Cases of EHEC infection developing hemolytic uremic syndrome (HUS) might be critical. EHEC O157 infection cases in children sometimes accompany HUS (see IASR, Vol. 17, No. 1). In 2000, HUS cases, from which the agent was isolated, were mostly children (four cases were at the age of 0-1 year, 18 at 2-5 years, eight at 6-15 years, and one over 40 years). EHEC O157 was isolated from 30 of the 31 patients.

The serotypes and the toxin types of EHEC isolated in 1999-2000 are tabulated in Table 3. The ratio of EHEC O157:H7 was high during 1991 through 1995, being 83% (436/525), which was on the gradual decrease to 55% in 1999. However, the ratio in 2000, being 56%, stood at the same level as that in the preceding year. The ratio of such non-O157 serotypes as O26 and O111 was low during 1991-1995, being 9.3%. After 1996, however, the ratio kept on increasing up to 30% in 2000, particularly the ratio of EHEC O26:H11 increased. A similar trend was seen in the serotypes of the agents of outbreaks in 2000 (Table 2). A fatal case of HUS caused by EHEC O86 infection was reported in 1999 (see IASR, Vol. 20, No. 11) and an HUS case caused by O121 infection was also reported in 2000 (see p. 141 of this issue). It seems necessary to continuously seize the precise trend of O157 and also non-O157 EHEC.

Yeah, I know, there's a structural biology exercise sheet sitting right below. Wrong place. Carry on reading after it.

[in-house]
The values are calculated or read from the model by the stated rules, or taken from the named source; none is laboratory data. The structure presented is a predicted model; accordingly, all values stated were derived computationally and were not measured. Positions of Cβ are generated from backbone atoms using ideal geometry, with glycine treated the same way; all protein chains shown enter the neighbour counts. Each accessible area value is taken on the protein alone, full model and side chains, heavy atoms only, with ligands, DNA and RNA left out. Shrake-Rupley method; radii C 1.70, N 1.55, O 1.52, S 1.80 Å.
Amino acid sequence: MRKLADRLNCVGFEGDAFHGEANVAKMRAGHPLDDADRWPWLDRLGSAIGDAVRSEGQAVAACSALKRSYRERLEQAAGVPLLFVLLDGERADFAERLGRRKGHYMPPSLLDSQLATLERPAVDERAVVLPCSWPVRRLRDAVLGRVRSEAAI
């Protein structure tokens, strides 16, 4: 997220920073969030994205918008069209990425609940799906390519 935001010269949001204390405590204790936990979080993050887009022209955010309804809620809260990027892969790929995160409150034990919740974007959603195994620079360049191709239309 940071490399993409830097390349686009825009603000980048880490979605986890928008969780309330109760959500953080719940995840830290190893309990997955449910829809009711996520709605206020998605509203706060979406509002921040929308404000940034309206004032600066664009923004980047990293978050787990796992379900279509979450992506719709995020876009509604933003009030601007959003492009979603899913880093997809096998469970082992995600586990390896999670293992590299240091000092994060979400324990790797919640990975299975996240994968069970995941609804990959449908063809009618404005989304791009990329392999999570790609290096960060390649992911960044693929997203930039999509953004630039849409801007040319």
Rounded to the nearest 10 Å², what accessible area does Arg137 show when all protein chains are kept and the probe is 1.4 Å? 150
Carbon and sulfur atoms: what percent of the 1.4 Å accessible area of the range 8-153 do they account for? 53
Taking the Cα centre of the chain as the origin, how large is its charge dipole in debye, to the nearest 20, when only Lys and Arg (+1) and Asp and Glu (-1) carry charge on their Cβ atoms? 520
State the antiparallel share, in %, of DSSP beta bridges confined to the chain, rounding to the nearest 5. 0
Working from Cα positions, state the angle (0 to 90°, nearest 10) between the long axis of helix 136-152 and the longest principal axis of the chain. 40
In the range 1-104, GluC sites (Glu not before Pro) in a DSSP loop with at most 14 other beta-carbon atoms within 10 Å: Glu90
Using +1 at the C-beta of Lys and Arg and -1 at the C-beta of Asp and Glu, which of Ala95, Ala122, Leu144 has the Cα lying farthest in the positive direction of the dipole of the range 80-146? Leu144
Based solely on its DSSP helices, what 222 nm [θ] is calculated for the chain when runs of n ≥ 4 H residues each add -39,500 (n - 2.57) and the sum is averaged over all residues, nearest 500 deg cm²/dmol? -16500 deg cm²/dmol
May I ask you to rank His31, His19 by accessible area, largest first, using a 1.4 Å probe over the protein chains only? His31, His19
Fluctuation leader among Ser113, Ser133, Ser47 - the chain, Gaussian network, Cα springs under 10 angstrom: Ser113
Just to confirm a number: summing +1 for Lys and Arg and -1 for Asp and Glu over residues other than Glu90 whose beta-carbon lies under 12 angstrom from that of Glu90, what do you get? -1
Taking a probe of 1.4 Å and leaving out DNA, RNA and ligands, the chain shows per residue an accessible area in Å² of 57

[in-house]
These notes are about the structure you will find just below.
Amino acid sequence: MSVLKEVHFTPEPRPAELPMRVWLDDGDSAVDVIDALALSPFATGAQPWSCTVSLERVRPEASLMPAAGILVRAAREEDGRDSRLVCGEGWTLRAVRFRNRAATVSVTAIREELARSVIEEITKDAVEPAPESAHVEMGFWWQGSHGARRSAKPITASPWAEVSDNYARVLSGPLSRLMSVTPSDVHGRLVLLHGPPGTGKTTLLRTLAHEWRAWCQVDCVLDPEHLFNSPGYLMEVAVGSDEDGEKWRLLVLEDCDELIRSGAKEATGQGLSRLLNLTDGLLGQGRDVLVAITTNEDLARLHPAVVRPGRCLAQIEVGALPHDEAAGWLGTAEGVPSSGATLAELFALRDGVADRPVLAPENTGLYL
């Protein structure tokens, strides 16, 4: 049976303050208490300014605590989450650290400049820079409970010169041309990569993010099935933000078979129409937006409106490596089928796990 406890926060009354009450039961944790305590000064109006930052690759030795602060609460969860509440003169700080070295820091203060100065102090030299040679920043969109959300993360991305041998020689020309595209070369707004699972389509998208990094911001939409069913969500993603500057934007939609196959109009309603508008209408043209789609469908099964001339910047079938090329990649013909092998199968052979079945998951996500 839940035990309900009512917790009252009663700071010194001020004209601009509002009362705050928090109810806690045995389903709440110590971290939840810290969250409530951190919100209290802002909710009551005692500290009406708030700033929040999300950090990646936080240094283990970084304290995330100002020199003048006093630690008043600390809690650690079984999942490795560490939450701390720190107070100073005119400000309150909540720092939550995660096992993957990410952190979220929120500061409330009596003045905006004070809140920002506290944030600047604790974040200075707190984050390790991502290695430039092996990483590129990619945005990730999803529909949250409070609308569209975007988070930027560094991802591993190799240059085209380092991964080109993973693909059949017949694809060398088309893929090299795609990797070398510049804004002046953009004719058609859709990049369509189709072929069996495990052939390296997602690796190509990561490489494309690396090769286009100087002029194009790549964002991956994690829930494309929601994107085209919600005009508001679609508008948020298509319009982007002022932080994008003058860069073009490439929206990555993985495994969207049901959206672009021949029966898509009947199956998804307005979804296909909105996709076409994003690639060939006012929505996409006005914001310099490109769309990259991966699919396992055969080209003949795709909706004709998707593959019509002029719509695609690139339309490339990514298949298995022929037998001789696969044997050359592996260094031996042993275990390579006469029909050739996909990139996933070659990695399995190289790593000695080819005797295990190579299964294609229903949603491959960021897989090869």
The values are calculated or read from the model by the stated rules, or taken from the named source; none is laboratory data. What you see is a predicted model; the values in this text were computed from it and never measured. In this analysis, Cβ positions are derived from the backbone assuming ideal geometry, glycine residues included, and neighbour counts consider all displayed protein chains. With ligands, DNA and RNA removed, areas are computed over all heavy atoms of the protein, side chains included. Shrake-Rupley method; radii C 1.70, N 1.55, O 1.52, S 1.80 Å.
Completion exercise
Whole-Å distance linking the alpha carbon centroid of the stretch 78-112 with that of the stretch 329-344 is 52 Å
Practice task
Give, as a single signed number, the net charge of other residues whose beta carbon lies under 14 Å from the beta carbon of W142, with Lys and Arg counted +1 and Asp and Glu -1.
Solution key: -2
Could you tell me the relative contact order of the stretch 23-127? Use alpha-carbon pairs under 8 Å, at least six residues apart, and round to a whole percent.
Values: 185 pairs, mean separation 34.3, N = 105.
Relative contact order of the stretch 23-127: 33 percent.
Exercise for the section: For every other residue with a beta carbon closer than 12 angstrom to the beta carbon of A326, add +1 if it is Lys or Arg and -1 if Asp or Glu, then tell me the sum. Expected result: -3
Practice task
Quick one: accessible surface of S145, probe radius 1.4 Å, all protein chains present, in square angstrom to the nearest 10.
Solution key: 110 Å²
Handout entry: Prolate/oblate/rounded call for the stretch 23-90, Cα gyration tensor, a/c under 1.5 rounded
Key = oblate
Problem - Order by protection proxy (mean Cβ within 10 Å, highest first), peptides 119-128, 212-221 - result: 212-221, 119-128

In 1996, 87% of EHEC O157:H7 isolates produced both VT1 and VT2, but the ratio decreased to 54% in 2000. On the other hand, EHEC O157:H7 isolates producing only VT2 accounted for 13% in 1996, while such isolates increased to 42% in 2000. More than 90% of isolates of O26 and O111 produced only VT1.

Flash report for 2001: The notified cases of EHEC infection diagnosed before May 27 of this year totaled at 668 as of June 5 (Table 1), largely outnumbering those in the corresponding period of 2000 (Fig. 1). From the end of February to March, six cases of EHEC O157:H7 infection occurred due to tenderized cubic beef products in Shiga, Toyama, and Nara Prefectures (see p. 137&138 of this issue). From the middle of March to April, 193 persons in Chiba, Saitama, Tokyo, Kanagawa, Gunma, Ibaraki, and Yamagata Prefectures were infected with O157 from consuming sliced rare roast beef (53 of them were asymptomatic) and 13 of them developed HUS (see p. 137 of this issue). In all incidents, the imported frozen beef, incriminated as the source of infection, was distributed widely to many districts causing so-called "diffuse outbreaks".

When EHEC infection due to food and food materials distributed in wide areas occurs, rapid detection and countermeasures taken by cooperation among organizations and efforts to prevent spreading infections are must. For this purpose, construction of the PulseNet Japan is under way (see p. 142 of this issue) to analyze and compare digitized image data of DNA patterns obtained by pulsed-field gel electrophoresis (PFGE) of EHEC strains isolated at PHIs. It is required to arouse more attention to EHEC infection, which might be on the increase toward summer.